side note, it's really difficult to coach based on words (espeically when it's through a 3rd party!) :) a video would have made alot of these things clearer, and probalby more relevant.
Without a video ... this thread was just entertainment. :D

You know from our early discussion here about my 2hbh ball machine reps ... BBP does his reps.

Explaining pace is always tricky. I think a golf drive, swinging a baseball bat and hitting a tennis ball share a lot of common elements. I have come to the conclusion pace/distance is more a matter of timing skeletal movements (range of motion and timing) than muscle and strength. I'm not a big (strong) guy and hit 250-260 avg yard drives. I would hit the occasional 290-300 yard drive that couldn't be explained by wind, slope or run. When they happened, I never felt like I swung harder. That's what I mean by "tricky" ... hard to pinpoint what happened different from the 250 and 290 yard drive.

To me ... power comes from hip, shoulders, wrist. I think if I had to pick just one ... probably the wrist. One of my friends could hit a 250 yard drive from a very short backswing. We were on the teebox one day with an old roomate of mine that was an ex-D1 golfer, and he saw this guy hit a drive. He leaned over and said ... "if you ever doubted the role of hands and wrist in the golf swing ... just watch him hit his drive". What he did was immediately set his hands (c o c k e d) as soon as the club started back. Even with the short backswing, timing the release of the hands provided good club head speed.

I guess the other golf related lesson was ... hit in the middle of the club ... hit in the middle of your strings.
 

ByeByePoly

G.O.A.T.
Here is an example of 2hbh "timing issues" ... which are required to "hit the ball harder". I think most rec players will hit their best 2hbh pace off stepping onto their front leg (right leg for right hander), so that's the example that follows.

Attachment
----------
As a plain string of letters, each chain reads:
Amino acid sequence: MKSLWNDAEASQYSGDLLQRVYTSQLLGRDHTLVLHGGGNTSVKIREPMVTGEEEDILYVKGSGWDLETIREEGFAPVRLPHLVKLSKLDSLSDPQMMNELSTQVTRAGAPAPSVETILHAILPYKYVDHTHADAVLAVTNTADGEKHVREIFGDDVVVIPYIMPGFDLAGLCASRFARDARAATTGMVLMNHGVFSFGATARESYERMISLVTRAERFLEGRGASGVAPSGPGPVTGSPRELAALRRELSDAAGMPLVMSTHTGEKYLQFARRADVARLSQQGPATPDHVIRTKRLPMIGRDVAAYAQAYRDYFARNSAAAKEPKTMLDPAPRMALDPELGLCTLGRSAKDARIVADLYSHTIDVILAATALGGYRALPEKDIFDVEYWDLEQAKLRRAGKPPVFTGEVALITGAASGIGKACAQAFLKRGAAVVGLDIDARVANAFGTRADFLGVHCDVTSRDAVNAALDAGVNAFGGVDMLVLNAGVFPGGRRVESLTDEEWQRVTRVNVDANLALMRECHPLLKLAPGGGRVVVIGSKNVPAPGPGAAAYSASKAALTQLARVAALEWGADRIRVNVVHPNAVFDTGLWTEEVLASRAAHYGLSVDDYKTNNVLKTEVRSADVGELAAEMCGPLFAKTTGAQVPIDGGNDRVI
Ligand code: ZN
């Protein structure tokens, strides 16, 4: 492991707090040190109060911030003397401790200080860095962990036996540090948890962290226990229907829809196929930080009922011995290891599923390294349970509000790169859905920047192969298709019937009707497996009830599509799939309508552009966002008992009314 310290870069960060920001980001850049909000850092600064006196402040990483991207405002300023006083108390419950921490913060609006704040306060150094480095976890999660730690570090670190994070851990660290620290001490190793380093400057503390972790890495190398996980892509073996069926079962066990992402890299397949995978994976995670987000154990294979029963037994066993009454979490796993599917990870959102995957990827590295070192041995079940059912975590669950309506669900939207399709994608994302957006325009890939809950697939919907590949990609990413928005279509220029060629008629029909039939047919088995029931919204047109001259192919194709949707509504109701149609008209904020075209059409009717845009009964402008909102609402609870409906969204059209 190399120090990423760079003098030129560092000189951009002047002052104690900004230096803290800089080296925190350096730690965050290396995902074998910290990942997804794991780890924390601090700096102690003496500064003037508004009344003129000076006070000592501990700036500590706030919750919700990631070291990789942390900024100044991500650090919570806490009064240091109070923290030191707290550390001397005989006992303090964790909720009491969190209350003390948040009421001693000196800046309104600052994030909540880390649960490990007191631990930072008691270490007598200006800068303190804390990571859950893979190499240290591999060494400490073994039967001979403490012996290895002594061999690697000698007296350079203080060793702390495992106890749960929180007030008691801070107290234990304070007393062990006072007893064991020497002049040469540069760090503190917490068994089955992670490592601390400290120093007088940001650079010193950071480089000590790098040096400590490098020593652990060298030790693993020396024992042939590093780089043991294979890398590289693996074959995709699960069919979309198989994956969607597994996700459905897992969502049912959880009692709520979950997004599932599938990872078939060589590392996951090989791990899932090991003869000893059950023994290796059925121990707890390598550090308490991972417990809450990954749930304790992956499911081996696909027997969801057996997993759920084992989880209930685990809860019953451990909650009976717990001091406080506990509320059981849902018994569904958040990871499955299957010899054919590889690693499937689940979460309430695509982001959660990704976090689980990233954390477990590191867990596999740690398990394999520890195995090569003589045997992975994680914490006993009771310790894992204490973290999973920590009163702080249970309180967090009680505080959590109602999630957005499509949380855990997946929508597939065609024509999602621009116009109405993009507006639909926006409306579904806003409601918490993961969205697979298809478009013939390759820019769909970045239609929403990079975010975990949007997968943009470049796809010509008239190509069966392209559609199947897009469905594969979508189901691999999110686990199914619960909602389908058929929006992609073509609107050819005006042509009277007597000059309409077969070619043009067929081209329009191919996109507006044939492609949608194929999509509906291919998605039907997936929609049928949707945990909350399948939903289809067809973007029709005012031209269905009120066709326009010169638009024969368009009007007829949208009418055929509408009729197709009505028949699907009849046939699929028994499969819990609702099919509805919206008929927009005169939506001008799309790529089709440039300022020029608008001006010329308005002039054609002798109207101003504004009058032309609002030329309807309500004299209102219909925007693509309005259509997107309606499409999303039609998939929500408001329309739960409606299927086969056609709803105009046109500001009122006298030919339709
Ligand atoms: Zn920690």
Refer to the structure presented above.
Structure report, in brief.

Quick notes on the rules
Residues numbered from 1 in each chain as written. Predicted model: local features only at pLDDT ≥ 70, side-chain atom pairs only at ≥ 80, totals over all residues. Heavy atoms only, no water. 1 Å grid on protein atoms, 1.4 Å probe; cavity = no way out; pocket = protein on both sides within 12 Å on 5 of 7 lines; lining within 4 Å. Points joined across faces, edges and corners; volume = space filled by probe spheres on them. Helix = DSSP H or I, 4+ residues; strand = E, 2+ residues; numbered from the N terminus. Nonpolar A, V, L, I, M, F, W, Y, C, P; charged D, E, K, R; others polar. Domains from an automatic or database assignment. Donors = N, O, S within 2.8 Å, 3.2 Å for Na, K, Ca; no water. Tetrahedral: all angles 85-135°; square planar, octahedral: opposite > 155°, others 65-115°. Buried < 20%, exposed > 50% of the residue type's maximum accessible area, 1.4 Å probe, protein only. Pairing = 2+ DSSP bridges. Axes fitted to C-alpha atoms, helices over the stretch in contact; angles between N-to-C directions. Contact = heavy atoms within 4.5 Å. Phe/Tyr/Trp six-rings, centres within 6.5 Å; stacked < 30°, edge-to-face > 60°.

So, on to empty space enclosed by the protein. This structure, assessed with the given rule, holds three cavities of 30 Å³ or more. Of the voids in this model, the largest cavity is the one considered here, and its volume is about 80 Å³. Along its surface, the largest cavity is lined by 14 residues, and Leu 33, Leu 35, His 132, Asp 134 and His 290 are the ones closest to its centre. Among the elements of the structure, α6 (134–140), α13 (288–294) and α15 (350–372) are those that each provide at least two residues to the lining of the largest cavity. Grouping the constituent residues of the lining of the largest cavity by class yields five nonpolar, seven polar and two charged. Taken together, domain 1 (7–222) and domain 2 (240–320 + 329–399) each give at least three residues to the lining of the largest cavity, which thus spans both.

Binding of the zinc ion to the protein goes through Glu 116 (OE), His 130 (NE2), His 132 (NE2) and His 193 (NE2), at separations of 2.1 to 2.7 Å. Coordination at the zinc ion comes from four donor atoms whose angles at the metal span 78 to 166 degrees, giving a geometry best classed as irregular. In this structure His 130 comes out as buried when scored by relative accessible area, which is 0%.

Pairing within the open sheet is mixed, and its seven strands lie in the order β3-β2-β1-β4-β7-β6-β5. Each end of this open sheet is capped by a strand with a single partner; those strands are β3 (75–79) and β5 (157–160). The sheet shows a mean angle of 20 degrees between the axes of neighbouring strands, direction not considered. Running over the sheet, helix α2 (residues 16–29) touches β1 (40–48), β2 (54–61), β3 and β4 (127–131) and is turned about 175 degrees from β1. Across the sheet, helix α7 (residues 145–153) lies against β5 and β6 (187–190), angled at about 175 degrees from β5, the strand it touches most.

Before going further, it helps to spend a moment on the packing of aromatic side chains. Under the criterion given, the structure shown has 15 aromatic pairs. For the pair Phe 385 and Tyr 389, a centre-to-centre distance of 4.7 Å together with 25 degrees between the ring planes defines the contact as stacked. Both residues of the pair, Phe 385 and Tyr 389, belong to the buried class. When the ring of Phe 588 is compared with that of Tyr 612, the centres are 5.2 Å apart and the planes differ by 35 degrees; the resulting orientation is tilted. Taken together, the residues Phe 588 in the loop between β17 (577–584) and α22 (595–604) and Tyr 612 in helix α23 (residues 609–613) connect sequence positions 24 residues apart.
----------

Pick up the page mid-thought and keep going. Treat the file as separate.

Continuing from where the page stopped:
A right hander would be the easiest example, but Nadal has been ripping his 2hbh lately as good as anyone, let's use him as an example:



Short version: Nadal coils over his right leg, but uncoils over the left leg. That's a big timing dance ... and you can swing as hard as you want and if it's not in sync with this (and the drop) ... WEAK TEA 2hbh.

Longer version:

Frame 1: just like the FH, a full turn requires hip+shoulder turn. Nadal's left foot is off the ground here, so his initial coil (hips + shoulders) are over the right leg
Frame 2: just shifting weight to front foot ... not there yet ... final hip+shoulder turn over right leg
Frame 3: more weight transfer ... hip and shoulder line maintained ... drop is starting here in the step to left leg (no shoulder turn into shot yet)
Frame 4: weight transfer complete, have hit the slot and hip and shoulder turn (uncoiling) has started ... Note: this uncoiling now over left leg, not right ... right is no longer weight bearing
Frame 5, 6: uncoiling over left leg continues through the stroke, through follow through

So without even talking about "lag", or dominant vs non-dominant arms, or snaps, or how hard you are trying to swing ... that's a fairly complicated timing sequence to get down. If you fire your shoulder turn or arms to early (before you have completed your weight transfer ... or before your drop), you will rob your power.

This is the kind of thing your work out with reps, or drills. I think I would have got there faster knowing from the start this is a base 2hbh building block ... but not sure. Sometimes you just have to hit enough balls until you "feel" it. A coach can only guide you with instruction and drills ... but at the end of the day it's your muscle memory.

This was from the following video ... @00:24ish ... full rip strokes, not just warmup

 
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Deleted member 23235

Guest